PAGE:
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I have a very strange problem. When I run this script from the linux command line python scriptname.py, everything works fine. When I request it via the browser, it gives me Internal Error 500

I am importing a script trainstate.py which is in the same directory of the script I am running. I have also placed an empty file __init__.py with 777 rights in the directory

N.B. any script doing standard imports (e.g. import os) works fine via the browser

from trainstate import *

print "Content-Type: text/html\n\n"

st = TrainState(784)
print st.get_state()

what am I doing wrong?

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things you can do : 1) use cgitb.enable() 2) check sys.path 3) use try: ... import ...... except ImportError: ... to see what is going on 4) or use a wsgi framework with debugging capabilities. –  thkang Apr 29 '13 at 16:15
    
@thkang from command line it doesn't give any problem, but with the browser it always outputs internal error 500 when the line from trainstate import * is there, so I am not sure how I can debug it. I cannot use the browser output, as it's always internal error 500 –  Daniele B Apr 29 '13 at 17:39
    
@thkang I just wrote a script to loop on sys.path and the finding is weird: if I call the script from the command line sys.path includes my current directory, if I call it from the browser the current directory is not in sys.path - any explanation? –  Daniele B Apr 29 '13 at 18:58

2 Answers 2

up vote 1 down vote accepted

after your additional comments, I'd like to elaborate.

you might be using some cgi back-end that is not python's reference cgi/http/wsgi implementation. Instead, that back-end(be it apache, iis, whatever) might embed a python interpreter to run your python cgi scripts.

one of the most common problems that I have encountered in this setup is handling import paths. consider following scenario:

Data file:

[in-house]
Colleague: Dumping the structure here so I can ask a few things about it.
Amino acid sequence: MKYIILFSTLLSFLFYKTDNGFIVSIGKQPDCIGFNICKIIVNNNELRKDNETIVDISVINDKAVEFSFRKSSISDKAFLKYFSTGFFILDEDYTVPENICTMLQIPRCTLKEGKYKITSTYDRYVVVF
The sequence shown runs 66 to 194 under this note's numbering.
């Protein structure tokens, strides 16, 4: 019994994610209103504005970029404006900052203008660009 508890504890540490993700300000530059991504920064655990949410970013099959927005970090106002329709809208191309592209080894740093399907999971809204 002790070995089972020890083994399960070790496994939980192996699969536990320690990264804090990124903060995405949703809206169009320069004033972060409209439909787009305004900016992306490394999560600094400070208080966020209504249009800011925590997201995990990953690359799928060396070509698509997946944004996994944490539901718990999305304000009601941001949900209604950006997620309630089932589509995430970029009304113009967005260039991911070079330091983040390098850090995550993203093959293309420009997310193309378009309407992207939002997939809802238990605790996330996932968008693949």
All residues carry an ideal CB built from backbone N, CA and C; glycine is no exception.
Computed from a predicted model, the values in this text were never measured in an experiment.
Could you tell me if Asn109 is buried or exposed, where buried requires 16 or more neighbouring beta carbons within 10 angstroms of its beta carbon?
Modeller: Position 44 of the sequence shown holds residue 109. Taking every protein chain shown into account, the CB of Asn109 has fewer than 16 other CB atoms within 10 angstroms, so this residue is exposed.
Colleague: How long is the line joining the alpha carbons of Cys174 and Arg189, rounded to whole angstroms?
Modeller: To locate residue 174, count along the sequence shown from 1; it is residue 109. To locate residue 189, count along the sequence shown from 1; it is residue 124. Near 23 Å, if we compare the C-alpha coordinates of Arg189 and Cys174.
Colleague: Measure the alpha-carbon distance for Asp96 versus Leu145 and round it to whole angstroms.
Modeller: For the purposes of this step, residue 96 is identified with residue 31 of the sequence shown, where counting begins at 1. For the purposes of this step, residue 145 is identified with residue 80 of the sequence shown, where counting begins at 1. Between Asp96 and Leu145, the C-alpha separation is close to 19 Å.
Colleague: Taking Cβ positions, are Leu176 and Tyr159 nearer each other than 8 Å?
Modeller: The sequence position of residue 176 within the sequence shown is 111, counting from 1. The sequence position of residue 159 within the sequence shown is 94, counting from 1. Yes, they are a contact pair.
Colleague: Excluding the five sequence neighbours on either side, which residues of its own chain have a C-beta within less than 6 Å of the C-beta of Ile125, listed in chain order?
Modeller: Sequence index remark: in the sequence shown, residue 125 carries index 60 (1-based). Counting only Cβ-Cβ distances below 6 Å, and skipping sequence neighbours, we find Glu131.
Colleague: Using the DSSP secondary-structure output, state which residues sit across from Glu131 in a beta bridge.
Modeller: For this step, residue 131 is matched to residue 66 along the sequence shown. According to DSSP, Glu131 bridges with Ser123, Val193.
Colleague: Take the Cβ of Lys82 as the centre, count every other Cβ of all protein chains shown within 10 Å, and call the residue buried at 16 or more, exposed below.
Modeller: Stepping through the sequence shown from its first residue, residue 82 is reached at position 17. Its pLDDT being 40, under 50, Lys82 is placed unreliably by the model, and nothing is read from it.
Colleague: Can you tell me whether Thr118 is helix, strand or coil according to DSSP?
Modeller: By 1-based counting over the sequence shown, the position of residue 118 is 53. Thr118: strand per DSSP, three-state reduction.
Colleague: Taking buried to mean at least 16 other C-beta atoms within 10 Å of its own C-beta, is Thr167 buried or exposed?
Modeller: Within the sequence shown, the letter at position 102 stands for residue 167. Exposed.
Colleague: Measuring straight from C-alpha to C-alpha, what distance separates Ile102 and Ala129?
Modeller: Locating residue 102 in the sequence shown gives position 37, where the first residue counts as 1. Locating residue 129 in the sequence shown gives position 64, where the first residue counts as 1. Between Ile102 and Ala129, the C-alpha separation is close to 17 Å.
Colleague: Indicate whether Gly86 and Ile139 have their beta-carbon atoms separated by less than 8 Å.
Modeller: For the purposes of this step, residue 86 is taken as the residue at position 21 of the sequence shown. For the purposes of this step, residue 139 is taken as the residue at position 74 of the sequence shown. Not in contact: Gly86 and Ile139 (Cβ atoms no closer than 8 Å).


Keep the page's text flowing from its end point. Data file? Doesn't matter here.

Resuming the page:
1. I have foo.py and bar.py in same directory.
  2. foo.py is the cgi entry point.
  3. foo.py imports bar.py -- import bar to do something.
  4. somehow import fails.
  5. which is very frustrating since we have no option but to stare at ugly bold 500 message.

this is, because the directroy of foo.py is not included in pythonpath, unlike when you run foo.py from commandline. to fix this, you can add its path to sys.path.

so, the solution would be:

import os
import sys
current_path = os.path.dirname(__file__)
sys.path.insert(0, current_path)

... rest of the script

well, if you have your trainstate.py in some separate folder you have to add path to that folder in sys.path.

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Thanks thkang! I solved it in that way! By the way, are you suggesting I should configure a different back-end? I am currently using the default configuration of my virtual server. Can you provide some easy-to-follow tutorials/links for setting up the configuration you suggest? many thanks! –  Daniele B Apr 29 '13 at 19:47
    
@DanieleB take a look at some 'microframeworks' for wsgi. if you don't need dynamic contents just follow some of their tutorials for 'hello world', like flask.pocoo.org/docs/quickstart/#a-minimal-application –  thkang Apr 29 '13 at 20:17
1  
@DanieleB well, quick fix would be if current_path not in sys.path: sys.path.insert(0, current_path). –  thkang Apr 29 '13 at 21:19
1  
@DanieleB virtualenv is a tool for python to isolate your environment. mod_wsgi is a server module for apache to execute python scripts as wsgi server. flask is a framework for wsgi. it's like comparing apples to oranges. I have an apache server with mod_wsgi, that runs a flask web app which has its own virtualenv. –  thkang Apr 29 '13 at 21:21
1  
I can't say about django, because I didn't used it as thoroughly as I did with flask. for simple life just use cgi script and learn frameworks later :D –  thkang Apr 29 '13 at 21:30

I am importing a script trainstate.py which is in the same directory of the script I am running

This doesn't mean that this directory is the current working directory for your webserver process, not that it's in the sys.path for this process. thkang already provided the best possible answers (in reverse order should I say ), but anyway - try with this code instead and see what you get:

import sys, os
print "Content-Type: text/html\n\n"

print "sys.path is : ", ", ".join(sys.path)
print "current working directory is : ", os.getcwd()

try: 
    # star imports are evil
    from trainstate import TrainState
except Exception, e:
    print "failed to import TrainState : %s" % e
else: 
    st = TrainState(784)
    print st.get_state()
share|improve this answer
    
I found out that if I call the script from the command line sys.path includes my current directory, if I call it from the browser the current directory is not in sys.path –  Daniele B Apr 29 '13 at 19:28

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